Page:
COSCUP 2020 just ended and I learned a lot in the two days. One of the many cool things is that I can actually run FreeBSD on my server! So be it inside a VM. Whatever, it is still very cool to have actual UNIX running on ARM. Friends in the FreeBSD community at COSCUP provided a ton of assistant. I’ll probably never figure out how to make FreeBSD boot in a ARM VM. A huge thank-you to everyone that helped.
Let’s clarify now. I mean we’ll be running FreeBSD for Aarch64 while using KVM. Running the AMD64 version using QEMU will be too easy. Yet even though FreeBSD officially supports Aarch64 on various hardware and QEMU. ARM being ARM, that (Linux) kernel configurations differ very much from vendor to vendor. It still took me a while to boot FreeBSD properly.
Even tho the document states there’s images for Aarch64. It is never linked to in FreeBSD’s official website. I had to navigate myself to download.freebsd.org and find the file. Then decompress it after downloading.
wget wget https://download.freebsd.org/ftp/releases/VM-IMAGES/12.1-RELEASE/aarch64/Latest/FreeBSD-12.1-RELEASE-arm64-aarch64.qcow2.xz unxz FreeBSD-12.1-RELEASE-arm64-aarch64.qcow2.xz
Now we need a UEFI image. (Or U-Boot, I didn’t bother with it) My installation of QEMU doesn’t come with one nor I can find one in my package manager. Some Googling turns up one.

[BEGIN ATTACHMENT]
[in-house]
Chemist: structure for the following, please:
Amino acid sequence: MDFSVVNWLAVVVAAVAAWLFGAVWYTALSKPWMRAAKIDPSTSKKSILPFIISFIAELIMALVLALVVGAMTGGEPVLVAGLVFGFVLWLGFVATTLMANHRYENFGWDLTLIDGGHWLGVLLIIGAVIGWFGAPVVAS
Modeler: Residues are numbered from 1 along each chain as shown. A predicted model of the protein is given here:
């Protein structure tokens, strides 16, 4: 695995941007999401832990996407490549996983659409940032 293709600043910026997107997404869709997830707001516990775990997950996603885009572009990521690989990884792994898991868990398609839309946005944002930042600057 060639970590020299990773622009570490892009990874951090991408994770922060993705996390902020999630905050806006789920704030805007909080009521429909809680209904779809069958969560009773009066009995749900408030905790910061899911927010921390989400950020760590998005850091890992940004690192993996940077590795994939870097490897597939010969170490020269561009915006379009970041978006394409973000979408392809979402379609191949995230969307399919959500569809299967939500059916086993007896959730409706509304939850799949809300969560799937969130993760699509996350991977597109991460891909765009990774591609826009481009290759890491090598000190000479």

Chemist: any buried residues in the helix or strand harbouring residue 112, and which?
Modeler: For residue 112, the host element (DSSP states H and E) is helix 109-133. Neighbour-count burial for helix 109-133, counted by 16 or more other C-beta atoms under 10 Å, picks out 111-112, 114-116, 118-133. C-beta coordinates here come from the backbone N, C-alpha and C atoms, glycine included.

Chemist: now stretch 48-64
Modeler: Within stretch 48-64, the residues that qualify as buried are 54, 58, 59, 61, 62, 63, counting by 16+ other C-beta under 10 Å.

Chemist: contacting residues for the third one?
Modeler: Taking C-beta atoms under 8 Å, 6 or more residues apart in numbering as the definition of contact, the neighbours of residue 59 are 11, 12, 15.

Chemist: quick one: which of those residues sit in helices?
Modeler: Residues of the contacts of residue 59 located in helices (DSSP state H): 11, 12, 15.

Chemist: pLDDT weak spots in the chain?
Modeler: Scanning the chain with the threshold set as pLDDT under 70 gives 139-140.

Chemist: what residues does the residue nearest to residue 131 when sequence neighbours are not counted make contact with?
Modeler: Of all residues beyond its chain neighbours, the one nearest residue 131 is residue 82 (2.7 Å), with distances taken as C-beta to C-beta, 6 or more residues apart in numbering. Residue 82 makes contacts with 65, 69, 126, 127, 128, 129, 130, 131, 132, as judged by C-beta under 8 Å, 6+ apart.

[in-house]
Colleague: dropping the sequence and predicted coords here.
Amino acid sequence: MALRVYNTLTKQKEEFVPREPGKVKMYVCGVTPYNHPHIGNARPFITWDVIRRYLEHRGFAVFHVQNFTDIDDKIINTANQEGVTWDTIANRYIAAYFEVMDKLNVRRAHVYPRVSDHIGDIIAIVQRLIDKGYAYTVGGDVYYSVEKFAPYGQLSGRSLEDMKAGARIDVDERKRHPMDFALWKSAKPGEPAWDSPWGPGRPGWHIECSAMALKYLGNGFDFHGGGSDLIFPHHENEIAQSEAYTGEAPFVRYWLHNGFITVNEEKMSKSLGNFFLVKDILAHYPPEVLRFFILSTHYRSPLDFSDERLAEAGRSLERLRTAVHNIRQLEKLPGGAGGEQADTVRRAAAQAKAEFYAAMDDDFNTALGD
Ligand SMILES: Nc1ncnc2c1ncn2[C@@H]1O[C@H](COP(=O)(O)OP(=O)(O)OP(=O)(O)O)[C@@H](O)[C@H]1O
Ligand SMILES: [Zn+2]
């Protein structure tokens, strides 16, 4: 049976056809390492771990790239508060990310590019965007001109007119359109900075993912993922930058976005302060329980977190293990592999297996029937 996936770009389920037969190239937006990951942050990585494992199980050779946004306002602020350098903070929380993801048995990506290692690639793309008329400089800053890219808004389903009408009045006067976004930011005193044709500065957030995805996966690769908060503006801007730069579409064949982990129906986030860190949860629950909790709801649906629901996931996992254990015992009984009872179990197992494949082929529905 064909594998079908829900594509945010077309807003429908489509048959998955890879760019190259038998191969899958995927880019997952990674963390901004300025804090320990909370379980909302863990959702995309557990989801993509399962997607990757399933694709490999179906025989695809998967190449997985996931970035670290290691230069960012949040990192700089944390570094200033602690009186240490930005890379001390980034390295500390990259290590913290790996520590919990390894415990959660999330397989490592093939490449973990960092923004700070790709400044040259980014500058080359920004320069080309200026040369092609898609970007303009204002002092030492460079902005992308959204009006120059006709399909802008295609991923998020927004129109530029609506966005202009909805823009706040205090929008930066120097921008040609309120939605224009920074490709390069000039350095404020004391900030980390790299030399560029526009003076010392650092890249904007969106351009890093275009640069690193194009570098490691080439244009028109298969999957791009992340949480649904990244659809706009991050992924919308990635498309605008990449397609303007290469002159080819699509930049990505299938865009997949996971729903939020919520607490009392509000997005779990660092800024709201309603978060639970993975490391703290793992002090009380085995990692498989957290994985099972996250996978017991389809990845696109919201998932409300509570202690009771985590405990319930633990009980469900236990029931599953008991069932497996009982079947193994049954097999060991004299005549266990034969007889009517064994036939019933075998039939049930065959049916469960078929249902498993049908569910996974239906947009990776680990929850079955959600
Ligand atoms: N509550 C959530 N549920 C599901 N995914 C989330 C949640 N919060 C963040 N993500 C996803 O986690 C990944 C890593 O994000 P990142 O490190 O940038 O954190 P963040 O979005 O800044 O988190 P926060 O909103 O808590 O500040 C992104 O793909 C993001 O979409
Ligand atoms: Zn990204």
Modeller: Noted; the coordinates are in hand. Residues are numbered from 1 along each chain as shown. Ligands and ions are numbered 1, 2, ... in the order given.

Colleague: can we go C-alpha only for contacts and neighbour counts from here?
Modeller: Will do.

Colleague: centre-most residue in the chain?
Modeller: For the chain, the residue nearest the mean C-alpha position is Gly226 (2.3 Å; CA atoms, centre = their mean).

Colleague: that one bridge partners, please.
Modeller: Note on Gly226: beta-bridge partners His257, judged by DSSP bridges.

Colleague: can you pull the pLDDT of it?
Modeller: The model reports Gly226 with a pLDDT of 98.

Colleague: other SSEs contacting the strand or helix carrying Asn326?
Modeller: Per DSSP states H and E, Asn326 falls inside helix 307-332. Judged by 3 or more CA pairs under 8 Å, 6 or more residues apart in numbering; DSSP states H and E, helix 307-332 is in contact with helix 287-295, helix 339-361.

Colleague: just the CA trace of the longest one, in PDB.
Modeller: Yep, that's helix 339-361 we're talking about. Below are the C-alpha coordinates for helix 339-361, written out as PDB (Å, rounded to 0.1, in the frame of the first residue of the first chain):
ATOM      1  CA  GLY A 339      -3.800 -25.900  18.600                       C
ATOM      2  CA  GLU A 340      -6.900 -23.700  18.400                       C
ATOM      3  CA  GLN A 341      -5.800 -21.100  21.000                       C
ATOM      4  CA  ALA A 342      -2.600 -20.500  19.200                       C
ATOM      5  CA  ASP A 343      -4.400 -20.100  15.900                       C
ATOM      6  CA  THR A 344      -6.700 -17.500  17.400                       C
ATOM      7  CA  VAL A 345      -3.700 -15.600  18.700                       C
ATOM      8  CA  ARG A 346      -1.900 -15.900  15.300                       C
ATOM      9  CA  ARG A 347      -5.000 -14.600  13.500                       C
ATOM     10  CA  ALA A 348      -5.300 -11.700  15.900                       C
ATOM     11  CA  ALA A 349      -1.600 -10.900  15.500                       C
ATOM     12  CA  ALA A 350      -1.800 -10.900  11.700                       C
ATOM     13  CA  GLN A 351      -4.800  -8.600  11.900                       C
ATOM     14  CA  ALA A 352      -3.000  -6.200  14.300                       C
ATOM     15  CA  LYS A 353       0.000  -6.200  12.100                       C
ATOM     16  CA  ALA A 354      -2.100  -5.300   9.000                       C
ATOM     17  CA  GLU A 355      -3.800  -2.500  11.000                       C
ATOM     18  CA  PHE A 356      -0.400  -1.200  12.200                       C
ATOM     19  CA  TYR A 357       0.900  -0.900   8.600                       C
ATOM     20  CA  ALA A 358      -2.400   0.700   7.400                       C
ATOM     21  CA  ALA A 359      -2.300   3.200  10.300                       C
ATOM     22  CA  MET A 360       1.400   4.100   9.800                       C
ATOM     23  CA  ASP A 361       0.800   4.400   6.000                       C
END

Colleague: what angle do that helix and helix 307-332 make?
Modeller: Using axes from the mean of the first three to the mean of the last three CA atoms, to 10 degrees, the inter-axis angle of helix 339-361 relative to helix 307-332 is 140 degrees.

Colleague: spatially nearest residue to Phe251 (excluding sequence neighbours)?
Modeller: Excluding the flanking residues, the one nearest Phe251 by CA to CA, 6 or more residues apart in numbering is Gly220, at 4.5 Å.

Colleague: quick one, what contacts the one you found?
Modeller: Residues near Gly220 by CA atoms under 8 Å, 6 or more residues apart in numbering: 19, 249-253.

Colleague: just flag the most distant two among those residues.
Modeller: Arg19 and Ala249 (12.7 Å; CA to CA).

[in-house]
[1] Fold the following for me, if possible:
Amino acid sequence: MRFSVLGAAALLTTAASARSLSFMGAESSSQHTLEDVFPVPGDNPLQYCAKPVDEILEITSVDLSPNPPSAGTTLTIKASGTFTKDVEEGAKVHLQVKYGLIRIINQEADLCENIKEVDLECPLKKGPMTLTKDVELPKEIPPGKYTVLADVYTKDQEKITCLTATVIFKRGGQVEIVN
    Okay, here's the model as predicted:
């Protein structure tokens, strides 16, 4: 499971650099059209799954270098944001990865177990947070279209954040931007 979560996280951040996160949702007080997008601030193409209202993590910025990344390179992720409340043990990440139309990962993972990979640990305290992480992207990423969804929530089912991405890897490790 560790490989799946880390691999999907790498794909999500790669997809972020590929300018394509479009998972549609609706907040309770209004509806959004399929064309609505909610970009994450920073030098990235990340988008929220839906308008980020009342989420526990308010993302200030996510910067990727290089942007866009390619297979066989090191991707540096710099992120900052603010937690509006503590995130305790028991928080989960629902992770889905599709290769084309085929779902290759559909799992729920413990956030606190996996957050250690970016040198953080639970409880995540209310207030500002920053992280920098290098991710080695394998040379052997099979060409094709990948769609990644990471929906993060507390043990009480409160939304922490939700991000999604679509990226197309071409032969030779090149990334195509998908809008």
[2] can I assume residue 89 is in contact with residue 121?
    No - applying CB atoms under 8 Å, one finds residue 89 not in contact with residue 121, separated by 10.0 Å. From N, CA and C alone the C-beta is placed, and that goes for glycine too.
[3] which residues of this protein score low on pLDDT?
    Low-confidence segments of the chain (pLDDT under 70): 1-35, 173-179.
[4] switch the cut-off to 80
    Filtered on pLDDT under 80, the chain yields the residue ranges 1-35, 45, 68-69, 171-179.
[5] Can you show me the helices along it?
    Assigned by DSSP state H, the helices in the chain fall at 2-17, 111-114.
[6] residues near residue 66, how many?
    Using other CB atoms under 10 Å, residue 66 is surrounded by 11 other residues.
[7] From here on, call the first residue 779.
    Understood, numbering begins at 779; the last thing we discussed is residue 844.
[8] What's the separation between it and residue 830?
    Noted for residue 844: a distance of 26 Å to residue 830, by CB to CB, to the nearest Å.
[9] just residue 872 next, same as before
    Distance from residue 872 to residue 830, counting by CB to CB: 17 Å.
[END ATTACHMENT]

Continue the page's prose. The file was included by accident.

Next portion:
Then expand the rootfs since the default size is only big enough to hold a minimal system. The system is configured to resize the rootfs when it sees disk space growth. I gave it an extra 80G.
qemu-img resize FreeBSD-12.1-RELEASE-arm64-aarch64.qcow2 +80G
Now we are ready to boot FreeBSD. The parameters I use are more or less the ones in FreeBS
Now we are ready to boot FreeBSD. The parameters I use are more or less the ones in FreeBSD’s documents. And modified a bit to make it work on my machine (ex:
virtio doesn’t work for unknown reasons).
qemu-system-aarch64 -m 4096M -cpu host,pmu=off -M virt,gic-version=3 --enable-kvm -smp 8 \ -bios edk2-aarch64-code.fd -serial telnet::4444,server -nographic \ -drive file=FreeBSD-12.1-RELEASE-arm64-aarch64.qcow2,id=hd0 \ -device e1000,netdev=net0 \ -netdev user,id=net0
QEMU is listening on
localhost:4444 for a telent connection. Run
telnet localhost 4444 to boot the system. And that’s it. FreeBSD is running in a VM on an ARM server!
Oh, remember to run
shutdown -p now to shutdown FreeBSD. Unlike Linux,
shutdown now doesn’t perfrorm a ACPI shutdown. It just drops you into single user mode. And BSD commands tends to stop parsing arguments after the first non-argument.
rm directory -r on Linux removes
directory recursively. But on BSD it will removes
-r non recursively.